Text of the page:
The spirit of the Lower East Side of Manhattan is embodied in the different nationalities and cultures that reside there, coming together in the same locale to seek new opportunities. People from all over the world have been arriving there since the 19th century, which has deeply affected the area, and imbued the streets with a special aura. Traditionally an immigrant, working-class neighbourhood, the LES developed into an area of creative freedom and open-mindedness. The area has an inspirational and memorable history as the result of a magnificent art scene and all the different cultures coming together, which you can feel when exploring the streets, architecture and society of the people living in the LES.
In the early 1940s the residents of the LES benefitted from the newly expanded public subway system in NYC. Multiple train companies gathered and made the subway resemble what it is today, an unrivalled offering of a greater mobility to New Yorkers. During the 1940s, New York City con- tinued its development into becoming a culturally international city, with boroughs like the LES acting as hubs for the intellectual, musical and artistic European refugees that started arriving in the late Thirties.
Even on the subways of NYC, a mix of utility wear and glamorous attire could be seen on travellers. Bright and colourful suits, ties and hats were commonplace in public spaces. Even though a more practical aesthetic dominated, there was still room for sleeker, elegant cuts of clothing and expensive suits to be worn in the office. There was an honest freedom quite separate from the traditionalist style of Paris, that older icon of fashion, and a less cautious style of clothing. The NYC look could be reduced down to a great simplicity, one that was partly demanded by wartime fabric shortages and the work available at that time.
Until the 1960s, the Lower East Side and the East Village were one and the same neighbourhood, but when the hippies, musicians and artists moved into the East Village, the demographic difference became so large that they were very quickly considered separate neighbourhoods. This caused a huge cultural diffusion in the world’s capital city. 1960s fashion was a contrast to the conservative ‘50s, which despite innovations in colours and styles, still retained the classic designs of previous decades. A new beginning was established in the Sixties with fashion offering more alternative and arresting styles, often executed in a blend of bright, swirling colours.
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Later, in the 1980s, the Lower East Side began to attract students, musicians and artists who transformed Lower Manhattan into a hub of experimental art. These young people were enticed by the opportunities to express themselves through art and music. The LES had entered a period of new energy, giving birth to several cultural phenomena including hip hop, punk, graffiti and disco and the avantgarde ‘no wave’ scene.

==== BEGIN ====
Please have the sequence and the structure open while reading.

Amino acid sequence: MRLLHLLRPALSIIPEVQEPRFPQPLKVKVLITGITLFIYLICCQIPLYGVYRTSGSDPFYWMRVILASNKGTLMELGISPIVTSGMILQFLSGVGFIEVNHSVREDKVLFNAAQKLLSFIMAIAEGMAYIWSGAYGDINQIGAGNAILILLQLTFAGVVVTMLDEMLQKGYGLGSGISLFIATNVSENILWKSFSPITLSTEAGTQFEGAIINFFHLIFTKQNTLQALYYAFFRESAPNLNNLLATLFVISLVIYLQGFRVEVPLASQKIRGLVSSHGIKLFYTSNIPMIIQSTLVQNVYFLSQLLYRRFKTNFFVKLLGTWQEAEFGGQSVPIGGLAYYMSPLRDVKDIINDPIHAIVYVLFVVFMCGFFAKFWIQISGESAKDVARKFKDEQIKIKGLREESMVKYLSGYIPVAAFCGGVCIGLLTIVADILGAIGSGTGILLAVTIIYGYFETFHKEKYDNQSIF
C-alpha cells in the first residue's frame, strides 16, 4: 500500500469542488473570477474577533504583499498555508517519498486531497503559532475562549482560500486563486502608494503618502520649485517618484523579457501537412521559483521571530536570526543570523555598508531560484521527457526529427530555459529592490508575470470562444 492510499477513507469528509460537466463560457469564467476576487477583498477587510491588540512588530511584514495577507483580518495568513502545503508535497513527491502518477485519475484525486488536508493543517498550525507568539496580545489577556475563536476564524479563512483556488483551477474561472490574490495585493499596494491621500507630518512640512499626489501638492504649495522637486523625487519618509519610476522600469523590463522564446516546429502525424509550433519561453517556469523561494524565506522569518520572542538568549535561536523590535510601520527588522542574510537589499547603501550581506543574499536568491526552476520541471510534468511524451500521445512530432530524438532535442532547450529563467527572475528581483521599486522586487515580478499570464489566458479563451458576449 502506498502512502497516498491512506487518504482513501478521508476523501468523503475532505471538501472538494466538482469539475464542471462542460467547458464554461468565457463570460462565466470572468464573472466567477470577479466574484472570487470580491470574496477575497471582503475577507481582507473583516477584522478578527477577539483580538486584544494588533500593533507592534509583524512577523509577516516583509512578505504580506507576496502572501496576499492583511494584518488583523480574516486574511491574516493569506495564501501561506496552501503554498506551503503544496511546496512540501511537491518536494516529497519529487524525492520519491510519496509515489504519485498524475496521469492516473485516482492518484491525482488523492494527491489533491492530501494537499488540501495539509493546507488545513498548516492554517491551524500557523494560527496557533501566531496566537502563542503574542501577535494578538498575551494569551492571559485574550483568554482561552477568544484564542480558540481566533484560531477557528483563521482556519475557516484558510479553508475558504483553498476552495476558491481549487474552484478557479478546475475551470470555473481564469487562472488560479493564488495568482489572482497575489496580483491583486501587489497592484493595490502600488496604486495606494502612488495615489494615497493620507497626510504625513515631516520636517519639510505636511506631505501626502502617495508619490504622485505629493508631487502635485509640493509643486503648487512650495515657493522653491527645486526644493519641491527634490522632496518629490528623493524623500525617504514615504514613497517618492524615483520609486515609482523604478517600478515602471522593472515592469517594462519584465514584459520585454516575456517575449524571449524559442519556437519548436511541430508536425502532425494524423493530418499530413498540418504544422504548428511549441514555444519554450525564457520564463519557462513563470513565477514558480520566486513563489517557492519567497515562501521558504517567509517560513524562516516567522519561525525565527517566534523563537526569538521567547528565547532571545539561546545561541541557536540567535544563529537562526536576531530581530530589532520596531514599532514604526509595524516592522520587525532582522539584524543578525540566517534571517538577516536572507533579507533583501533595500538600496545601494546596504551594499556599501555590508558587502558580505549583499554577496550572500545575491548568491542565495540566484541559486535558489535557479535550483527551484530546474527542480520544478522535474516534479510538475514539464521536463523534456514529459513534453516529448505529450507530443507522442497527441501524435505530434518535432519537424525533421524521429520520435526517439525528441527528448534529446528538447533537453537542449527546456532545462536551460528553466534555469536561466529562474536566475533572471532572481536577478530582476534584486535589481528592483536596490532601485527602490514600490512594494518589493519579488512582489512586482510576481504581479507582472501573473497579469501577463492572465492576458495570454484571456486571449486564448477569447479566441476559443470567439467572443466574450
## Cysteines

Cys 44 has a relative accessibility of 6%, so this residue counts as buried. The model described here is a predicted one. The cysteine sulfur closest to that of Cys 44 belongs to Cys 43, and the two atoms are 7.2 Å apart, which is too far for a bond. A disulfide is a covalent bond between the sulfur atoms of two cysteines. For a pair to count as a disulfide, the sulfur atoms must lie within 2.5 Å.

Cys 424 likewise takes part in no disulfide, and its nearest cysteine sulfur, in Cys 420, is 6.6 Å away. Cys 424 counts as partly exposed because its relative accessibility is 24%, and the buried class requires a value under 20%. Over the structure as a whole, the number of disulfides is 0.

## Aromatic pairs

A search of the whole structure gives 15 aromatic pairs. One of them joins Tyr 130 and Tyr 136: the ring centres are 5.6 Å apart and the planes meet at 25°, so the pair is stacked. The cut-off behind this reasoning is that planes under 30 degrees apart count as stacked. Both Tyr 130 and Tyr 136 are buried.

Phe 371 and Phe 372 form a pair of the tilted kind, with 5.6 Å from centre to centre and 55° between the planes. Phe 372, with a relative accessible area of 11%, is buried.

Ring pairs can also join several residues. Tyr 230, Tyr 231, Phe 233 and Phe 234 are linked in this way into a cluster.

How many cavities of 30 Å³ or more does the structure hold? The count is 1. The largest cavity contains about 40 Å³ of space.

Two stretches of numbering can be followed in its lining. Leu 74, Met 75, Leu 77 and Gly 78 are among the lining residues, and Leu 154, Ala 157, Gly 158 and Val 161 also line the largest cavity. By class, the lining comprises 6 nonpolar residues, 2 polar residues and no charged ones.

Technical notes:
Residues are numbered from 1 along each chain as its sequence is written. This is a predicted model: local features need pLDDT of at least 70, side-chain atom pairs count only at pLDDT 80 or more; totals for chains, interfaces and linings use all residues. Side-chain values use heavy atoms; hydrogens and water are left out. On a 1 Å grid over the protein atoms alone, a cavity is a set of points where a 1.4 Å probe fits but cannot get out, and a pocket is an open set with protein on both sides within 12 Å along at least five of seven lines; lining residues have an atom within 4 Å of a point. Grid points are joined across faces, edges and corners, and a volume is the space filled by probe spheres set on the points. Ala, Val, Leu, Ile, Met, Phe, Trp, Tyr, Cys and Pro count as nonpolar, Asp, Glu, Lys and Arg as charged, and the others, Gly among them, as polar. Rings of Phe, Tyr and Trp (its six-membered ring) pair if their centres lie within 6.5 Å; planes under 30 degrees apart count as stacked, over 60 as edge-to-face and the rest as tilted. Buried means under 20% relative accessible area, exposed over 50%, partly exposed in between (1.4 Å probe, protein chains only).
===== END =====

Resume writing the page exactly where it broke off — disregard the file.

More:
The styles of clothing were also innovative, combining unconventional designs with subdued colours and blocky shapes. Eighties fashion was a blend of multiple different styles, either borrowed from history or resembling some imagined future. A snug and comfortable fit made out of soft fabrics was popular, where clothes were tight compared to today, although not as skin-tight as those of the Seventies. In the Eighties more technical materials also appeared on the fashion scene, which opened up whole new worlds of design possibilities.
In the ‘90s the LES experienced another significantly transformation, with new initiatives to gentrify and clean up the area establishing taller buildings, subways, parks and highways. It began when New York University started to buy up properties and artists took a liking to the new, improved area. This marked a return to the more minimalistic fashion that came to widely define the 1990s style, embodied in a looser, more relaxed fit, tapered pants and a simple combination of muted colours. Grunge and hip-hop style dominated the streets of NYC in the early ‘90s, however later in the decade a more glamorous and over-the-top look ruled as a result of rave culture. Interestingly enough, clothing styles from the late ‘90s are not drastically different from those of today.
One of the significant trends of the 90s was an intentional lack of fit and tailoring, people wearing wrong sizes or shapes not designed the person wearing it. This can especially be seen in the trend for the ill-fitting vertical block stripe shirt. They were usually in bold colours and would be acceptable today if they were a bit more tailored. Almost every brand had their own interpretation of the striped shirt, which substantiated and authenticated the great trending success of the clothing item.
In this collection we have picked some of the LES trends described here from the 1940s, ‘60s, ‘80s, and ended up in the ‘90s where the main inspira- tion comes from. This has made it possible for us to create a unique collection where we have used the creative way of picking trends that is characteristic of that area of New York.